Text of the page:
What increases my risk for skin cancer?

The primary cause of skin cancer is exposure to ultraviolet light. You have a higher risk if you have a family history of skin cancer or you’re fair skinned. Otherwise, your overall risk depends on:

  • Cumulative time spent in the sun or a tanning bed
  • Consistent use of sunscreen
  • Number of sunburns you’ve suffered

What are the types of skin cancer?

The three types of skin cancer are basal cell carcinoma, squamous cell carcinoma, and melanoma.

  • Basal Cell Carcinoma: Basal cell carcinoma (BCC), the most common type of skin cancer, may look like a red patch of skin, a pink bump, or an open sore. BCC rarely spreads through your body, but it can invade deep into tissues, potentially reaching bones.
  • Squamous Cell Carcinoma: Squamous cell carcinoma (SCC), the second most common type of skin cancer, may arise from precancerous lesions on your body called actinic keratosis. It often appears as a scaly red patch, a red bump, or an open sore. Without treatment, SCC can spread to other parts of your body.
  • Melanoma: Melanoma is the least common but most dangerous skin cancer because it proliferates and spreads through your body. It’s curable when diagnosed and treated at an early stage, but after it spreads, it’s difficult to treat. Melanoma often develops from an existing mole.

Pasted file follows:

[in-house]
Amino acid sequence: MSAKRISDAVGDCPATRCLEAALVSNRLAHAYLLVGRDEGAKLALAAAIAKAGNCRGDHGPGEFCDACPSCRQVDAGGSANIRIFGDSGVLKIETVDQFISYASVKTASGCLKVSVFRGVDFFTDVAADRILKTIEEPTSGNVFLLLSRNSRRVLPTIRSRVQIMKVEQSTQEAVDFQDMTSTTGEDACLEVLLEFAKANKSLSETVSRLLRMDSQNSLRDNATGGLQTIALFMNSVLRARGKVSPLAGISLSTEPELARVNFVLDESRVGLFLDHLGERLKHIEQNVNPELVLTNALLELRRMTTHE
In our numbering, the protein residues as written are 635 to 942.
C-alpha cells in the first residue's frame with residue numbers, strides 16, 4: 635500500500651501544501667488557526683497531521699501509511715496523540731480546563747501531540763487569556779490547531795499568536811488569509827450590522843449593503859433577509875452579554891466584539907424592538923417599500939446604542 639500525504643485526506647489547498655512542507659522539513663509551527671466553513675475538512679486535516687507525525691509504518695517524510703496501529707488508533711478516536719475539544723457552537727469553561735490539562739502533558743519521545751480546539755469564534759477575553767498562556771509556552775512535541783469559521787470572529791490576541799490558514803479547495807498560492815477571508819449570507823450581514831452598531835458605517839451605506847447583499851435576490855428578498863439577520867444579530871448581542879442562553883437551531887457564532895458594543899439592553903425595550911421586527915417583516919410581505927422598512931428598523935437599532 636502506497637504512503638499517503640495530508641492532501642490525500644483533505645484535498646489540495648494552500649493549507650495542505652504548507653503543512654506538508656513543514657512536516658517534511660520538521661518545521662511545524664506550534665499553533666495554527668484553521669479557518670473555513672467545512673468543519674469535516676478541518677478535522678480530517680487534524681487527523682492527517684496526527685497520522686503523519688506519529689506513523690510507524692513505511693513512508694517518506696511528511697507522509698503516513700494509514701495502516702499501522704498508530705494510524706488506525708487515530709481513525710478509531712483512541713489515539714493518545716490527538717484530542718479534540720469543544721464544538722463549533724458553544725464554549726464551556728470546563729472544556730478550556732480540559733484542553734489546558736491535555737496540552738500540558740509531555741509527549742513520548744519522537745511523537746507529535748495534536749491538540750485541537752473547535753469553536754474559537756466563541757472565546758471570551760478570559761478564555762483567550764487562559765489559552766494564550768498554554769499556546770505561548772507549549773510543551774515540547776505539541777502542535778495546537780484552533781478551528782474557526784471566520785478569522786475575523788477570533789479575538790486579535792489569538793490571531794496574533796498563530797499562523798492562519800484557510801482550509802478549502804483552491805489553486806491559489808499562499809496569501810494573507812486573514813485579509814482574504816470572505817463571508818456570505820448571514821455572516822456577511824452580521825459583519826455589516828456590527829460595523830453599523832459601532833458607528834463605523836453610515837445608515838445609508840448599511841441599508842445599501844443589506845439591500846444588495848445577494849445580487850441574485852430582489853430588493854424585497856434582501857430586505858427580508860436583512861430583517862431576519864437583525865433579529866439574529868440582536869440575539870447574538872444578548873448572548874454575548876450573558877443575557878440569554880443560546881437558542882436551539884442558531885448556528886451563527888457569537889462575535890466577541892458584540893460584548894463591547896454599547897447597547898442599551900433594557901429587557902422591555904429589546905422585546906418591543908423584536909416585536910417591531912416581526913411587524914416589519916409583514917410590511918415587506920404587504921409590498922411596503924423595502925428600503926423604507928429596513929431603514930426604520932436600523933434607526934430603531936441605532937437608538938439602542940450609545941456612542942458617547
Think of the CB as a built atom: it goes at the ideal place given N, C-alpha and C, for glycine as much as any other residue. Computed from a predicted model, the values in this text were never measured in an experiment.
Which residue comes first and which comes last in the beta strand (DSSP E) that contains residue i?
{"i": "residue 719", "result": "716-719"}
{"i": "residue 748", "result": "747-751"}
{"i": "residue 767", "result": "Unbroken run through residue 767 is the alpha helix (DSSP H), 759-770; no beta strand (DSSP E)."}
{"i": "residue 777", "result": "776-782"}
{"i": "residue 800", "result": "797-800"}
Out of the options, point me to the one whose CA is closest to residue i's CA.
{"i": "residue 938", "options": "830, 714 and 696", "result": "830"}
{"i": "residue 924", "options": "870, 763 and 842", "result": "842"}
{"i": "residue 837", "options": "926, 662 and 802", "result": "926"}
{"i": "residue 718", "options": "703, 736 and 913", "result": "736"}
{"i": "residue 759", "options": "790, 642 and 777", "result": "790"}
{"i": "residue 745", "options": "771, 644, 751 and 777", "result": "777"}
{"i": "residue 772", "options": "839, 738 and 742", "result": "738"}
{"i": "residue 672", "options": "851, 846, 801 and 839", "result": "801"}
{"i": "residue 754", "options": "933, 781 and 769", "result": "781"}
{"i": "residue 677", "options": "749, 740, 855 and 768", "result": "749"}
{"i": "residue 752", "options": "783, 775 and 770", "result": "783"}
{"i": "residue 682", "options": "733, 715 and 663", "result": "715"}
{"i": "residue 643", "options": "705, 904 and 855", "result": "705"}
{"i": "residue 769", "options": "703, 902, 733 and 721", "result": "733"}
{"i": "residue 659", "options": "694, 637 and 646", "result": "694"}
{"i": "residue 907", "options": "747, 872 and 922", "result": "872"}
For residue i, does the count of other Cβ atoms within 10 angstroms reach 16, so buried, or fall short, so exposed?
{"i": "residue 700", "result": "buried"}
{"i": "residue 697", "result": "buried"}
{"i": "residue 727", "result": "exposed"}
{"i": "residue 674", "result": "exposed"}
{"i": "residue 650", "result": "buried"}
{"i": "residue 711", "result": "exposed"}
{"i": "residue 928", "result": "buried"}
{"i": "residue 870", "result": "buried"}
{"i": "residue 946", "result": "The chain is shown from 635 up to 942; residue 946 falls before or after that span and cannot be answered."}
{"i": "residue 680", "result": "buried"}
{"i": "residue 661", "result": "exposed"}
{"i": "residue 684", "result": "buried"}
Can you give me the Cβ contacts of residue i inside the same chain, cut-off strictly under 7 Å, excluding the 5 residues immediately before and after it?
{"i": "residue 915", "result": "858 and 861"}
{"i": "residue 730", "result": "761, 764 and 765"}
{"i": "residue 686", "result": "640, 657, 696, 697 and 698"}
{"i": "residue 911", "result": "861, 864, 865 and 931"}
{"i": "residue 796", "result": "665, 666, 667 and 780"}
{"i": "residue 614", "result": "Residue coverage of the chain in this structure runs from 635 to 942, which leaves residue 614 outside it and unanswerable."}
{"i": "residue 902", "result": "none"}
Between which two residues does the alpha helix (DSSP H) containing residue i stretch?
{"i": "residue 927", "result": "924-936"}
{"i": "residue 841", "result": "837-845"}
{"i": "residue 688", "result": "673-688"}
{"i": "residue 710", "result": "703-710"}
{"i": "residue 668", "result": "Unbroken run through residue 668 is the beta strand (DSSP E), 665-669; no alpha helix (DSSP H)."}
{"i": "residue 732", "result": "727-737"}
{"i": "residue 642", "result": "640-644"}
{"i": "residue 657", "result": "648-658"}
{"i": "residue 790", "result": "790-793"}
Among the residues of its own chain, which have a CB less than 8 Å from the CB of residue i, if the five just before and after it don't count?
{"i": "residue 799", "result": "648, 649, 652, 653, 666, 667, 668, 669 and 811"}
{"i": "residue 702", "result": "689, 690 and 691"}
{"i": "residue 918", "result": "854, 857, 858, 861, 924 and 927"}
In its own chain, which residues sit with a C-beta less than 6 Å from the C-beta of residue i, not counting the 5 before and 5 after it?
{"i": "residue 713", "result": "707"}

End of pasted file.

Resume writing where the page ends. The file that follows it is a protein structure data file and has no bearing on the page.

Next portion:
How is skin cancer treated?

Dr. Hurst is trained in the most effective treatment for skin cancer: Mohs micrographic surgery. This highly specialized treatment removes all of your skin cancer while sparing as much healthy tissue as possible.

He can’t use Mohs for all skin cancers, but it’s beneficial for aggressive, large, or recurrent cancer cells, and to treat areas like your nose, ears, and lips.

During Mohs surgery, skin cancer is removed and thin layers are examined under the microscope to see if the edges contain cancer. If Dr. Hurst finds cancerous cells, another thin layer of skin is removed and examined. With this step-wise procedure, tissue removal is precise, and Dr. Hurst can ensure that all the cancer is gone.

Other methods of removing skin cancer include:

  • Simple excision: Tumor is cut from skin
  • Shave excision: Tumor is shaved from skin
  • Electrodesiccation and curettage: Tumor is removed, then electrical current destroys cancer cells
  • Cryosurgery: Cancer cells are destroyed by freezing
  • Laser surgery: Tumor is removed using laser

Call Dr. Hurst if you have any questions about skin cancer, or if you’d like a mole or lesion examined.